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Debora L Nickla, William Chen, Christopher Patrick Taylor, Coralie Barrau, Thierry Villette, Konogan Baranton, Frances J Rucker; Wearing blue-green blocking lenses in the evening inhibits ocular growth rate in chicks. Invest. Ophthalmol. Vis. Sci. 2021;62(8):1381.
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Blue light in the evening phase-delays the dim light melatonin onset rhythm, and is associated with various pathologies. Blue-blocking lenses prevented the phase-delay in humans (2019 ARVO E-Abstract #5269). In chicks, while rearing in blue light inhibited ocular growth, brief daily exposures to blue light in the morning or evening stimulated ocular growth (2020 ARVO E-Abstract 3407), which, if translatable, might predispose children to myopia. We tested the effects of blue-green blocking lenses (Essilor: block 70% in the circadian band of 460-510nm; Tv(D65) = 77%) on ocular growth rates in chicks.
Experiments began at age 12-14 days. The light cycle was 12L/12D in all experiments. Lens Conditions: White light: Chicks wore binocular lenses for 4 hours in the morning (n=11) or evening (n=8) in white light (588 lux). Extra blue light: Chicks wore lenses for 4 hours in the evening, with the addition of 4 hours blue light (575 lux; 460 nm) in the morning (n=6). Control conditions: Blue light: chicks were exposed to 4 hours blue light (200 lux) in the morning (ZT0-ZT4; n=9) or evening (ZT8-ZT12; n=16). White light: chicks were not exposed to blue light (n=23). Growth rates (µm/9d) were determined using A-scan ultrasonography; rhythm parameters were determined by measures at 6-hr intervals over 24 hours on the last day of the experiment.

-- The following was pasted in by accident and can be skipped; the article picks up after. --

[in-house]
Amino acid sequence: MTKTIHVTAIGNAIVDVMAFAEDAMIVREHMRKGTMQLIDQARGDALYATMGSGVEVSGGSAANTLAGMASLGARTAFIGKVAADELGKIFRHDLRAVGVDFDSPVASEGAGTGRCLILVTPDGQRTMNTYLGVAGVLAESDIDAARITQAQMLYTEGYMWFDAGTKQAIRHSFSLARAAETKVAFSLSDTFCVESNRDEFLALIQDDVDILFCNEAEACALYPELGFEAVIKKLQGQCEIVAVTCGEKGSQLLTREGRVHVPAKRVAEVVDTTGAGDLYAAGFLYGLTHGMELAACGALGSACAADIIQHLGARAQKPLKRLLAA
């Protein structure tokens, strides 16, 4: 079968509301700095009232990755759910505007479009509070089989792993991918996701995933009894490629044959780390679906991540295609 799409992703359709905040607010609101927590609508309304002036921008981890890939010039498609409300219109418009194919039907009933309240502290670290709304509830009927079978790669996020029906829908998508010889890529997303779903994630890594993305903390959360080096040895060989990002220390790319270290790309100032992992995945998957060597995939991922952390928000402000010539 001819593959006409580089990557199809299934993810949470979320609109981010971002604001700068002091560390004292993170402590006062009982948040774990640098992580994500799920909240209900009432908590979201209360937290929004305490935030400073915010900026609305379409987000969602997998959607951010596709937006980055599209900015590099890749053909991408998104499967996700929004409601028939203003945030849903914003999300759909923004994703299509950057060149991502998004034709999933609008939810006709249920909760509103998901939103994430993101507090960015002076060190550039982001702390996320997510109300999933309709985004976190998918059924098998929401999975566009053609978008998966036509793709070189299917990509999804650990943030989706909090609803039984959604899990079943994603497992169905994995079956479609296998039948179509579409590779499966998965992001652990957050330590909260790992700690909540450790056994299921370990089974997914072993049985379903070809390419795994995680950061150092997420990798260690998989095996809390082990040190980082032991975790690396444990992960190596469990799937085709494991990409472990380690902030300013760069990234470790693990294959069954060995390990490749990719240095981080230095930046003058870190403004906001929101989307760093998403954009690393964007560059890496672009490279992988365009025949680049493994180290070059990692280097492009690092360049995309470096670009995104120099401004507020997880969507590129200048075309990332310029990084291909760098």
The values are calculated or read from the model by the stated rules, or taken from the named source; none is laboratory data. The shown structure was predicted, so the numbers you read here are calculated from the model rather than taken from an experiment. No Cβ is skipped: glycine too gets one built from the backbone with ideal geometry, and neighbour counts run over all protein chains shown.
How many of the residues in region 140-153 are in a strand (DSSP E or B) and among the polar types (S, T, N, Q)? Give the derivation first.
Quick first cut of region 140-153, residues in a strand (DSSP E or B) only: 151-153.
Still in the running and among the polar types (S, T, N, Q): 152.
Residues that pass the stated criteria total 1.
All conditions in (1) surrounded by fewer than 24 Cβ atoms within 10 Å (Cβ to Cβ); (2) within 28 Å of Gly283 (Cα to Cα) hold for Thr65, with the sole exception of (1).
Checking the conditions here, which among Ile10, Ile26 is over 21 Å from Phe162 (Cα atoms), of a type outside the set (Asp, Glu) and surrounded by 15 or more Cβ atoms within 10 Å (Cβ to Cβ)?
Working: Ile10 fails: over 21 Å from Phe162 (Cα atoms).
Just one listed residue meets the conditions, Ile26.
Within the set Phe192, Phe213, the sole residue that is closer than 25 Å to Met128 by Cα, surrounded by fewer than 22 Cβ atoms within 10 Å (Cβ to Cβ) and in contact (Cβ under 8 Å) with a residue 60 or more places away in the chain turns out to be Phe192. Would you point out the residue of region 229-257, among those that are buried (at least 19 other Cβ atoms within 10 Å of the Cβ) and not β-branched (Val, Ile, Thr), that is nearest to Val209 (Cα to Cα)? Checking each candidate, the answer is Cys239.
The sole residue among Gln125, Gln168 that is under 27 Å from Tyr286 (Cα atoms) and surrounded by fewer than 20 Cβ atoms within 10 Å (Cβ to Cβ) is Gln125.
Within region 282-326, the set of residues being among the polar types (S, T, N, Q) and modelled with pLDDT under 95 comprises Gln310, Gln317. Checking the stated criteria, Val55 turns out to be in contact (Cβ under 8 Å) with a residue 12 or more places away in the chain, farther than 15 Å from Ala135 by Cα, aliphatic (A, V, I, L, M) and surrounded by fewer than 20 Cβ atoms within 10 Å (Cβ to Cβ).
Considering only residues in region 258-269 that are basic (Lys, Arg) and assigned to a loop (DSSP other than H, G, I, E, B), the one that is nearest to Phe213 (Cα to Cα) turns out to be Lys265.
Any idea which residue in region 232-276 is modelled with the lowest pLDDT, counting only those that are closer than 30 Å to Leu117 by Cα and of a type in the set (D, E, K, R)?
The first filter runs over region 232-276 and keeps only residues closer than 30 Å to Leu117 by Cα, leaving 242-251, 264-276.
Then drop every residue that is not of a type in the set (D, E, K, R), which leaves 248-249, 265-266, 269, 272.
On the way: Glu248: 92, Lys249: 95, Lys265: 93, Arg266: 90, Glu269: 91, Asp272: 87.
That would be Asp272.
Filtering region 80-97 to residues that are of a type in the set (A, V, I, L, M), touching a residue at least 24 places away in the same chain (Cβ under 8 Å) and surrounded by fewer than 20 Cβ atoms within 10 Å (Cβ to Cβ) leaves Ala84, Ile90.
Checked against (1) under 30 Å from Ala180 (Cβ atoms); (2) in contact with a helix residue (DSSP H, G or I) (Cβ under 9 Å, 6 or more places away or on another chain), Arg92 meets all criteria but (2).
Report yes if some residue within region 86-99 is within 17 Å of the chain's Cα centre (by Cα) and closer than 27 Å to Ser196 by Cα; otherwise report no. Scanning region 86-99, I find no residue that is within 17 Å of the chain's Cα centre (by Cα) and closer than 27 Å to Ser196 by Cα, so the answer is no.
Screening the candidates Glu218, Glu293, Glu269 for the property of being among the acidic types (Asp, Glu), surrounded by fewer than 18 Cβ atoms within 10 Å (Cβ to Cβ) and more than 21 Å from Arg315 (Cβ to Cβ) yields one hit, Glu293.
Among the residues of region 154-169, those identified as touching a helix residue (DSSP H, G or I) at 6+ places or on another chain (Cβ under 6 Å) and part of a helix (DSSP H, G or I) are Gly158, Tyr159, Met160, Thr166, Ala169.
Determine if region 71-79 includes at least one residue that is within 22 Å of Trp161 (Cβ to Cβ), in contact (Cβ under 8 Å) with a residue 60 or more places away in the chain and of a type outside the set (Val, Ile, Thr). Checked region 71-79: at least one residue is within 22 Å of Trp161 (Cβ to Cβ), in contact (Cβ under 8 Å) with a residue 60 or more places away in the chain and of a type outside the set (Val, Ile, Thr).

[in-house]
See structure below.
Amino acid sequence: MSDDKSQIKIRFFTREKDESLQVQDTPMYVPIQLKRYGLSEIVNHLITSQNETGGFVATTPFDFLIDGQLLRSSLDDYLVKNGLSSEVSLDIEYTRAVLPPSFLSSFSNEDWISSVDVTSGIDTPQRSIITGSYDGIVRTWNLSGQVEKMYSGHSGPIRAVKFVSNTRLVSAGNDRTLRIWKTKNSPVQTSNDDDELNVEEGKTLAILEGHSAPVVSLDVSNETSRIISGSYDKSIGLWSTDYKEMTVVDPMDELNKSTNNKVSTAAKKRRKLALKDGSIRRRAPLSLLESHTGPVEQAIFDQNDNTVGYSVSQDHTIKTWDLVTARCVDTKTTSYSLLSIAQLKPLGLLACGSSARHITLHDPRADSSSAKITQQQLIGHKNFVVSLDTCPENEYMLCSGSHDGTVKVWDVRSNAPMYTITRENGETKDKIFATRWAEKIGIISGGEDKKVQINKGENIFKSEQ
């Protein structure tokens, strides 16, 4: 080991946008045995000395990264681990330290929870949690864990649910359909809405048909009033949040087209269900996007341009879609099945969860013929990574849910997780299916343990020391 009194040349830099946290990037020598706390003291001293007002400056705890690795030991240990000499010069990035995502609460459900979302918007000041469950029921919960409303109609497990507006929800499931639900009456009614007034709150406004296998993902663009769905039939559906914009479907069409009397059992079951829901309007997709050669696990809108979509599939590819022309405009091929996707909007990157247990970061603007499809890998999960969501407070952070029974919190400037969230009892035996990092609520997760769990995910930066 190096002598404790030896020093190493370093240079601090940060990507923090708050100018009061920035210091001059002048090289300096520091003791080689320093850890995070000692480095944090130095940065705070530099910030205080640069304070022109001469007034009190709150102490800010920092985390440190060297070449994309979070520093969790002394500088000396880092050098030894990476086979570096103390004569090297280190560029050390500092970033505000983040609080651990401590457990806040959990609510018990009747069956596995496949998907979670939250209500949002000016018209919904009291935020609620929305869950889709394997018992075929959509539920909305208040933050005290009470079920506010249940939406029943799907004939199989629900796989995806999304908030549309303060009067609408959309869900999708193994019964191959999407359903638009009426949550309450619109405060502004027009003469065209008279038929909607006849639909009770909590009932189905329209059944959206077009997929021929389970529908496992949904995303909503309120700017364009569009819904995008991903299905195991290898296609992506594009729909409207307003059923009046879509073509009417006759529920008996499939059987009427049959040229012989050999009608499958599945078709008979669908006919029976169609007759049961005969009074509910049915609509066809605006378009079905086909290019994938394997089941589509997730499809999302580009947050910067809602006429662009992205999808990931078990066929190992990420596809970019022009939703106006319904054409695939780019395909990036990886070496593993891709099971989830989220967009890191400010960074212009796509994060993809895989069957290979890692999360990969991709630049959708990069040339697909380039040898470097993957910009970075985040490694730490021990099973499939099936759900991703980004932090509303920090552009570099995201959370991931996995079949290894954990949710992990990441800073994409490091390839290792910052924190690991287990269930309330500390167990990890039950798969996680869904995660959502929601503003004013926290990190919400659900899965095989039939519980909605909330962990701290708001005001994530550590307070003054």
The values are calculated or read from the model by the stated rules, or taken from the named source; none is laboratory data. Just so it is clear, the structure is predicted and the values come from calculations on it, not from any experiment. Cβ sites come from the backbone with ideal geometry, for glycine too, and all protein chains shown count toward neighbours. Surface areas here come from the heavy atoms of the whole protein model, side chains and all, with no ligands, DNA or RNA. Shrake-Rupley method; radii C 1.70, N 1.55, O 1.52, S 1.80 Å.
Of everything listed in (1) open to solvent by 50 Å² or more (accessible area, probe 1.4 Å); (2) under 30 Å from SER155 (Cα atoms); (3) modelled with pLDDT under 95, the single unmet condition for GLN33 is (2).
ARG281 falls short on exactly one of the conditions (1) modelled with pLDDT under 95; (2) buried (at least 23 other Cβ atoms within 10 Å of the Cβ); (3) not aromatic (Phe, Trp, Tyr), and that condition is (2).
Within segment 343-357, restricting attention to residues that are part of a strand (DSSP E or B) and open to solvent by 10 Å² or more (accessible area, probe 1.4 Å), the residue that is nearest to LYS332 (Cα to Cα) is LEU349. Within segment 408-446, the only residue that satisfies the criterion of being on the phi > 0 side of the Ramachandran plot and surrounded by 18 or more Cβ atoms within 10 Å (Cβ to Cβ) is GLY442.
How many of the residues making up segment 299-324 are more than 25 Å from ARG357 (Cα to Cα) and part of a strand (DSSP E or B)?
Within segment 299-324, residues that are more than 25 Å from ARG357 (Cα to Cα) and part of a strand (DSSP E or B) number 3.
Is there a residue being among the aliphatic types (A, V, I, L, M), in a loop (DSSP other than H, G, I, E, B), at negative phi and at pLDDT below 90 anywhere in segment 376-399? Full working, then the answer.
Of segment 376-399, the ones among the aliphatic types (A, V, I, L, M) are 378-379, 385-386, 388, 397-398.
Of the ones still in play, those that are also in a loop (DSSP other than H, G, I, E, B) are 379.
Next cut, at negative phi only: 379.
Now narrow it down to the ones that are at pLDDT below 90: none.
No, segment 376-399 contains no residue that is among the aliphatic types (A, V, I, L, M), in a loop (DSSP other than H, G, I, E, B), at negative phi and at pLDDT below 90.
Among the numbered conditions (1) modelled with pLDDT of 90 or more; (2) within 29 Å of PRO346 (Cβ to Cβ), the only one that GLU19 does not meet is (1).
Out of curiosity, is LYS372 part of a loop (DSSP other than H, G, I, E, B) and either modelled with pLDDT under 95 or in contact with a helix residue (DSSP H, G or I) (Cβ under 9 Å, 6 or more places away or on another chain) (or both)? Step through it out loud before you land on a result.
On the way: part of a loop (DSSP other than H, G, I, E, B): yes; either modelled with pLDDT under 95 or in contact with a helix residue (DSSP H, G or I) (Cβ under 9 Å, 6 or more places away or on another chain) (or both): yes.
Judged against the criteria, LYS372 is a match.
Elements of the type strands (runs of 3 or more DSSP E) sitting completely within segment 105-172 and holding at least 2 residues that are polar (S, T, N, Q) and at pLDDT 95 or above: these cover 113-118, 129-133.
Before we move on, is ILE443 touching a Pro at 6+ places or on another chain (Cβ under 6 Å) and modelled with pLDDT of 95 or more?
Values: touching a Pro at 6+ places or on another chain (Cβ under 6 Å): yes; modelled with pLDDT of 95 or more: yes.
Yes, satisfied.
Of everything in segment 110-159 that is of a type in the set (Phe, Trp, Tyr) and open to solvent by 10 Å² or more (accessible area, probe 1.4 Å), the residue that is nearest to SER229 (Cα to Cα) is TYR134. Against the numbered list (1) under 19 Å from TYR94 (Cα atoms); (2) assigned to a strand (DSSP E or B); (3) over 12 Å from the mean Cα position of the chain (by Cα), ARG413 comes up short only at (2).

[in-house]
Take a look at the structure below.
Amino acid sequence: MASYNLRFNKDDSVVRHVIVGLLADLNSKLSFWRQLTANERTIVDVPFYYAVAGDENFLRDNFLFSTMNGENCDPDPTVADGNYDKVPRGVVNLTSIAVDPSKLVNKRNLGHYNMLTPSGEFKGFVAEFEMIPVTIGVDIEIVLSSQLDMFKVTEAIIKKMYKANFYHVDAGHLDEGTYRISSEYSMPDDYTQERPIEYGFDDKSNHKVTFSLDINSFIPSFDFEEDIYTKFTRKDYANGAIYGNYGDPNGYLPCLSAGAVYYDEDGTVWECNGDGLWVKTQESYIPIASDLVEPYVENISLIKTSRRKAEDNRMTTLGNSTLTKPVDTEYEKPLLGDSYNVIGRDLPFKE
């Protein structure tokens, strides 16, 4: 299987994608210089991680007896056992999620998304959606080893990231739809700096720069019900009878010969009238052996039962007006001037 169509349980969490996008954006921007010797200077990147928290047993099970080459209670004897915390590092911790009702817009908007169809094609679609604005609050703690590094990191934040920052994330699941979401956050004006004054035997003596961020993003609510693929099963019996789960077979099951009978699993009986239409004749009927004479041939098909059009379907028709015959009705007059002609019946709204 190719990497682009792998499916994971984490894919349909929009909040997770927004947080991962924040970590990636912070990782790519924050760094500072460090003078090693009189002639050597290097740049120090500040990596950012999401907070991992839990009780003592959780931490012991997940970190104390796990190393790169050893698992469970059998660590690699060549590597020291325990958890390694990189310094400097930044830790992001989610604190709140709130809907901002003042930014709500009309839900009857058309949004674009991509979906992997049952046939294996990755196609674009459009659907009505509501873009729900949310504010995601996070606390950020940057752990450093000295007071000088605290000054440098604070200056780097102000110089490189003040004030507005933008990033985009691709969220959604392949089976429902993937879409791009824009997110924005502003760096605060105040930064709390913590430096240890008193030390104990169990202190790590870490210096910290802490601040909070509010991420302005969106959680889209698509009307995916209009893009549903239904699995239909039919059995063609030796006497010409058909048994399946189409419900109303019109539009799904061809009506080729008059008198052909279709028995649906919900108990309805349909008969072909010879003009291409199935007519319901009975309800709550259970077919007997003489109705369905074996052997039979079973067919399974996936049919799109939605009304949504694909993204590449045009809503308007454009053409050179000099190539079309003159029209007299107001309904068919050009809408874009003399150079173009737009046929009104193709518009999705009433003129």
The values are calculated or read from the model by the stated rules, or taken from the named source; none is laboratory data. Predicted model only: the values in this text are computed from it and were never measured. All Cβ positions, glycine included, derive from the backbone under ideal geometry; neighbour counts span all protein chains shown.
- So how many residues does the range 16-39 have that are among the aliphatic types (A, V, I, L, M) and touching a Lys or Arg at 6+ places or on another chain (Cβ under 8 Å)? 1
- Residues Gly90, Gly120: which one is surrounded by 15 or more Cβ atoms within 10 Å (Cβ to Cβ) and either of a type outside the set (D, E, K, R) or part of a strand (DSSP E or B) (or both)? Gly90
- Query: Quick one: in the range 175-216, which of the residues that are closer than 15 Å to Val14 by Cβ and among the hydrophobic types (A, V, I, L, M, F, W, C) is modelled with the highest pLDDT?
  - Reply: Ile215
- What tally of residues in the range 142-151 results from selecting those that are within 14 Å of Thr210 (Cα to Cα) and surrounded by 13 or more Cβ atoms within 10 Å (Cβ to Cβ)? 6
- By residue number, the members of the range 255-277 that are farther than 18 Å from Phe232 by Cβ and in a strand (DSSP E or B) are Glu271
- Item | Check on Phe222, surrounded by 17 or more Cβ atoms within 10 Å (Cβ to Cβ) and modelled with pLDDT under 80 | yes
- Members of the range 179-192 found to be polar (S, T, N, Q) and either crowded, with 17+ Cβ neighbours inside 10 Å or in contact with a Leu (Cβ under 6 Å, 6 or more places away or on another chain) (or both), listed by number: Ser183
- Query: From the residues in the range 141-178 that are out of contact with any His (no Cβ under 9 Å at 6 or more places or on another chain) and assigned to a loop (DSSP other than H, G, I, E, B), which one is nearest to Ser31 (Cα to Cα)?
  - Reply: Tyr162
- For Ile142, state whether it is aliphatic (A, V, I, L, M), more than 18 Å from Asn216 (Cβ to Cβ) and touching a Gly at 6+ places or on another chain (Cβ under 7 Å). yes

Wearing lenses in the evening inhibited ocular growth relative to “white controls” (670 vs 766 µm/9d; ANOVA p=0.025; p<0.05); there was no significant effect of morning lens-wear (708 vs 766 µm/9d). The addition of blue light in the morning did not reduce the efficacy of the evening lens-wear: growth was inhibited relative both to white controls and to morning blue (no lens) controls (592 µm/9d vs 766 µm and 830 µm/9d respectively; p<0.05 for both comparisons). 4 hours of blue light in the evening (without lenses) increased the amplitude of the rhythm in choroidal thickness relative to white controls (71 µm vs 47 µm; p<0.05); wearing lenses in the evening prevented this effect (34 µm; p<0.01 for lens vs blue evening light).
The evening-wear of lenses that block light spectra in the circadian range inhibited eye growth in white light, and when “extra” blue light was added to the light cycle. These results suggest that such lenses may be beneficial in preventing the development of myopia in children.
This is a 2021 ARVO Annual Meeting abstract.
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